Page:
Proposal (158) to South American Classification Committee


Change English name of Notharchus hyperrhynchus


Effect on South American Check-list: With the passage of Proposal #125, we have recognized Notharchus hyperrhynchus as a species distinct from Notharchus macrorhynchos (White-necked Puffbird) thereby adding a is species to our list. N. hyperrhynchus is in need of an English name.


Background: See Proposal #125 and #157. We are now recognizing two species (a monotypic N. macrorhynchos; and a polytypic N. hyperrhynchus, consisting of N. h. hyperrhynchus, and N. h. paraensis), whereas our list formerly recognized only one (N. macrorhynchos).


Analysis: There are basically two choices in how to deal with English names resulting from a split such as this one. Option #1 is to formulate entirely new names for both resulting species. This option is attractive in the sense that it reserves the "old" name for the former, more inclusive species, thereby negating confusion whenever the "old" name appears in the literature. The down side of this option is that we lose the stability of an established name. Option #2 is to retain the established name for one of the two species resulting from the split, and find a new name for the other species. In such cases, I think that it is most common to retain the established name for the nominate form of the species.


In the present case, I think that retention of the name "White-necked Puffbird" for N. macrorhynchos would be inappropriate. The established English name of "White-necked Puffbird" was based on the prominence of the wide white hind collar of hyperrhynchus and paraensis, which collectively, occupied the vast majority of the range of what was N. macrorhynchos. By comparison, the nominate, or "true" N. macrorhynchos has a very narrow white hind collar. N. hyperrhynchus is also much more geographically widespread (occurring from Mexico to the lower Amazon), and is the "White-necked Puffbird" with which the vast majority of ornithologists and birders are familiar. Most Notharchus have a white hind collar of some sort; it is in N. hyperrhynchus that this collar is most conspicuous. Application of the name "White-necked" to the now monotypic N. macrorhynchos would be misleading and confusing. In Proposal #157, I suggested changing the English name of N. macrorhynchos to "Guianan Puffbird".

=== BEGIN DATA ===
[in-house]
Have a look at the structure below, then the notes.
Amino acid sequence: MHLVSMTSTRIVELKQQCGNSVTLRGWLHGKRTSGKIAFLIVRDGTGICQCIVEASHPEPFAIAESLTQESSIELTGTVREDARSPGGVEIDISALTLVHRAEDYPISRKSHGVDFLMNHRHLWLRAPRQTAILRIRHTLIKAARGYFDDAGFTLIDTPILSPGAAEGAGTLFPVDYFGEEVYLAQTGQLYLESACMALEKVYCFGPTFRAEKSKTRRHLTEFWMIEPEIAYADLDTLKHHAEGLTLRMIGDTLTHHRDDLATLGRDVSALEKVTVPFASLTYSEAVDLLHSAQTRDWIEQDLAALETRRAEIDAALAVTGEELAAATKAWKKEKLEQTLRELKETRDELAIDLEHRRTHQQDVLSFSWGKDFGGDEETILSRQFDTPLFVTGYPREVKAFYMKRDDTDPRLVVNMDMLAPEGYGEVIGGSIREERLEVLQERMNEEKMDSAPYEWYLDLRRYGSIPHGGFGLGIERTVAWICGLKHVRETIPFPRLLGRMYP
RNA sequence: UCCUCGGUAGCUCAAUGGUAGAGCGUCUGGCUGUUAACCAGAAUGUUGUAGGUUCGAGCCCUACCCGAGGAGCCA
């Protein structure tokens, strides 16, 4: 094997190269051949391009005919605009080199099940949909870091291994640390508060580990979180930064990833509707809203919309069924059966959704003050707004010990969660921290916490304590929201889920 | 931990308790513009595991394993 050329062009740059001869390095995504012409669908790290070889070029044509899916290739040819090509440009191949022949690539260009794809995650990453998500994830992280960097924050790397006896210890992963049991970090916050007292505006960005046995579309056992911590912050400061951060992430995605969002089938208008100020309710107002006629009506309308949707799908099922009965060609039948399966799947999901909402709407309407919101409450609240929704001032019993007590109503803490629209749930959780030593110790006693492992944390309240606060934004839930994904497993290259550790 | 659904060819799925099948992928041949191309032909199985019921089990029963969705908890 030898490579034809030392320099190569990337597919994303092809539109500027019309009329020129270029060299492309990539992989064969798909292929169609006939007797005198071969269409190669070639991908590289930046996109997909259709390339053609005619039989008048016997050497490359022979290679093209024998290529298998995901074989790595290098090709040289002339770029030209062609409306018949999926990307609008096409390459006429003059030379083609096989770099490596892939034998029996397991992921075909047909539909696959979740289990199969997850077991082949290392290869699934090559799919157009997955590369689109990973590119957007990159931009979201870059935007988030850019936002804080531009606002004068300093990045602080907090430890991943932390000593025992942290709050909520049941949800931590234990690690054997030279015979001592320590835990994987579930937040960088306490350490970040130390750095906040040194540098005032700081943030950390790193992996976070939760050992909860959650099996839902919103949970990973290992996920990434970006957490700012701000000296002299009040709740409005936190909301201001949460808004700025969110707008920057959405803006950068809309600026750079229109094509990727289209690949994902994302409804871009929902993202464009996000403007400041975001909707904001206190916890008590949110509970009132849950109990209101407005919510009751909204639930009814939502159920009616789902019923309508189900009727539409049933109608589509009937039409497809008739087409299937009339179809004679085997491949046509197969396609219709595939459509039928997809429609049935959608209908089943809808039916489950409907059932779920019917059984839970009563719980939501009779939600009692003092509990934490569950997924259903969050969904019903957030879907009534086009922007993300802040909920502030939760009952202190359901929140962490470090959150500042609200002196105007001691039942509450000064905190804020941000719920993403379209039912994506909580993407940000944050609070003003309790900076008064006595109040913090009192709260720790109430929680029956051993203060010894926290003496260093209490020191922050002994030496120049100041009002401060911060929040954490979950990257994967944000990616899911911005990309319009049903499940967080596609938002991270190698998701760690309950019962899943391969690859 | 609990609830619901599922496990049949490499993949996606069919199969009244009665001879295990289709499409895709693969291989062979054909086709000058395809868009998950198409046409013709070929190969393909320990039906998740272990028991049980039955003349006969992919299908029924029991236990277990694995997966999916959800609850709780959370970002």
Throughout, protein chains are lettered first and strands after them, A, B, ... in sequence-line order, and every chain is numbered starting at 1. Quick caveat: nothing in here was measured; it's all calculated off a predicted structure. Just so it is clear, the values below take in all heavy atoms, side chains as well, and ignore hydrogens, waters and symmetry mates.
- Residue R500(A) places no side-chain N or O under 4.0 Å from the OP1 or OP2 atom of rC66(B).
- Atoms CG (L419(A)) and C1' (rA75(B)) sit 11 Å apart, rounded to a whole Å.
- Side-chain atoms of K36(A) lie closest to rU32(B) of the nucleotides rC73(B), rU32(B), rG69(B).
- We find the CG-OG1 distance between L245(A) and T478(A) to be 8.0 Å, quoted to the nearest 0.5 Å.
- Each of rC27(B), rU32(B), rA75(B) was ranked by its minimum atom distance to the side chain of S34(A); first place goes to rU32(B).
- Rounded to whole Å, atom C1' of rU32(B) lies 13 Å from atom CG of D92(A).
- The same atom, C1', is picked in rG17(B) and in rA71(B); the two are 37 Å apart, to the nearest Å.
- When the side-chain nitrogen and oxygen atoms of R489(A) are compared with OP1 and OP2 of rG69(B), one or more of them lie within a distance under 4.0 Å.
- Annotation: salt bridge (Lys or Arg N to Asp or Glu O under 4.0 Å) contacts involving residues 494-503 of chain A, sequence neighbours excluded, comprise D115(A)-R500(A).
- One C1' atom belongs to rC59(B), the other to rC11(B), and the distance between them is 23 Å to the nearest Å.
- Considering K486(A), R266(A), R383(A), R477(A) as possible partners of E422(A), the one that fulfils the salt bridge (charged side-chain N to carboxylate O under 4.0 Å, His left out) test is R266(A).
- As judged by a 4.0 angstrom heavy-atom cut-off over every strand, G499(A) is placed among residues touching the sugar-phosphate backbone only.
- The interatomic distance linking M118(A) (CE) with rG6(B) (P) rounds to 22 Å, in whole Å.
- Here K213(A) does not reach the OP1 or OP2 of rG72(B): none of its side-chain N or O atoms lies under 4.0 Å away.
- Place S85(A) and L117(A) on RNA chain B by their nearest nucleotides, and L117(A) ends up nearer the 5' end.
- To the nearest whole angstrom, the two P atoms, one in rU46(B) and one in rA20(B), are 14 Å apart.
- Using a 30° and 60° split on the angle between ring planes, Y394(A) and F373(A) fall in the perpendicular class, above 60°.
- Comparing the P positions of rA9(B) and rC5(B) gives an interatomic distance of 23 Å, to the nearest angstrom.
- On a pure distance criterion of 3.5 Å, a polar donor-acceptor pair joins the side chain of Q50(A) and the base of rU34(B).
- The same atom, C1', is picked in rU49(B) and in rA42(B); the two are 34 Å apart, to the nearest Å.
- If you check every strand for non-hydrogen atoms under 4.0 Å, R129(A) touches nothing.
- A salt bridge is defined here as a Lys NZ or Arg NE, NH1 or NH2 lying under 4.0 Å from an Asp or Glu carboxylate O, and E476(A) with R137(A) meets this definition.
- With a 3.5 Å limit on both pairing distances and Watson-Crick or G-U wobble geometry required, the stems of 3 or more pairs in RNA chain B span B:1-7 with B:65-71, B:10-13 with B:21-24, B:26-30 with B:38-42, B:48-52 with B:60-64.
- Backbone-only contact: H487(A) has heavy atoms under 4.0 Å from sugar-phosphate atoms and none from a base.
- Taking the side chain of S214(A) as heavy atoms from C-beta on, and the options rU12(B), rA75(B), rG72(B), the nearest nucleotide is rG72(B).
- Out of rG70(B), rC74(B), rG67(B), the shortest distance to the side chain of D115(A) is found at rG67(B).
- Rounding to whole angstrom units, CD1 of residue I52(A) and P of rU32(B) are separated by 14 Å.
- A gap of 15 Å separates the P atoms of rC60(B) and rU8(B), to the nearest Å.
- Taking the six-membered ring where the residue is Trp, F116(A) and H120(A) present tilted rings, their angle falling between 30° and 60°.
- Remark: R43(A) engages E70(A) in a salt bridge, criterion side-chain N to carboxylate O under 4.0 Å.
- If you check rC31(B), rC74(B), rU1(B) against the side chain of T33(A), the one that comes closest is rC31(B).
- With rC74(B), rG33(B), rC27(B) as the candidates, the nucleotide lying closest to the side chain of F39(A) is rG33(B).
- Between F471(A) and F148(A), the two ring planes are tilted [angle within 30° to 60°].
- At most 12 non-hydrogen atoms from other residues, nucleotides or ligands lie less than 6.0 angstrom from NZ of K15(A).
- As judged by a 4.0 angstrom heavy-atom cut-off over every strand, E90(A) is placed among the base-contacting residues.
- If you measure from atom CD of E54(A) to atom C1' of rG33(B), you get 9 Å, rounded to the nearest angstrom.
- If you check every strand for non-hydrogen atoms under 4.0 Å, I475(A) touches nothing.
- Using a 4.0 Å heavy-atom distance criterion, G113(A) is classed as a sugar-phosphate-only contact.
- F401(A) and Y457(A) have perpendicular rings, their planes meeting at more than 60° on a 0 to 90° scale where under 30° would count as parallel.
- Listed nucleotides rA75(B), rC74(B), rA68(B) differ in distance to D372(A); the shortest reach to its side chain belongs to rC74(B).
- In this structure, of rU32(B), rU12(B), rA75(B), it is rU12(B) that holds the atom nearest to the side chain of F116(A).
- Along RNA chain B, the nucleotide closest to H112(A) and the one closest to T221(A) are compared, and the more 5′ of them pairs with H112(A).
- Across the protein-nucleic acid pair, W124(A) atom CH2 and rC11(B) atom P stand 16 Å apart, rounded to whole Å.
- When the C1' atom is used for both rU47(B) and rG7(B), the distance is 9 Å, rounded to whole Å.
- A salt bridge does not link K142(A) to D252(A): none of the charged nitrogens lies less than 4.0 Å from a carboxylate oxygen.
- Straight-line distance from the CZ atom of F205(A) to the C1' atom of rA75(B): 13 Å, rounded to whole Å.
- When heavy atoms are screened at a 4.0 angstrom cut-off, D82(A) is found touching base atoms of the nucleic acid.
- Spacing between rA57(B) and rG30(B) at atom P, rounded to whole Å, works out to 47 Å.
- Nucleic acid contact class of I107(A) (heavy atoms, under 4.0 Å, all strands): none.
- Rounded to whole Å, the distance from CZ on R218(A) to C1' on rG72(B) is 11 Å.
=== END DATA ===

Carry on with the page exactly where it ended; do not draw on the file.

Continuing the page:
The question then is one of which English name to apply to N. hyperrhynchus. Applying option #1 from above, we would formulate a new name for hyperrhynchus, having already given a new name to macrorhynchos. If we were to take this course, I would suggest the name of "White-fronted Puffbird" for hyperrhynchus. In Volume 7 of HBW, Rasmussen & Collar (2002) have this to say in the Descriptive notes:


"Race hyperrhynchus differs from nominate in much broader white forehead, larger bill, broader white hind collar, much less extensive black patches on sides; paraensis similar, with bill exceptionally long."


From the standpoint of field recognition, it is the broad white forehead (= front) that really sets hyperrhynchus/paraensis apart not only from macrorhynchos, but also from all other congeners. The other marks mentioned by Rasmussen and Collar are all good, but the extent of the white forehead is the most prominent mark.


Following option #2 from above (retention of the established name for one of the resulting splits), N. hyperrhynchus would be the only appropriate recipient for the retention of the name "White-necked Puffbird". The white neck or hind collar on hyperrhynchus is decidedly broader and more prominent than on macrorhynchos.  Also, because hyperrhynchus is by far the more widespread and familiar (to ornithologists and birders) form to which the name "White-necked Puffbird" has been applied, it would be most fitting for that name to stay with hyperrhynchus rather than with macrorhynchos.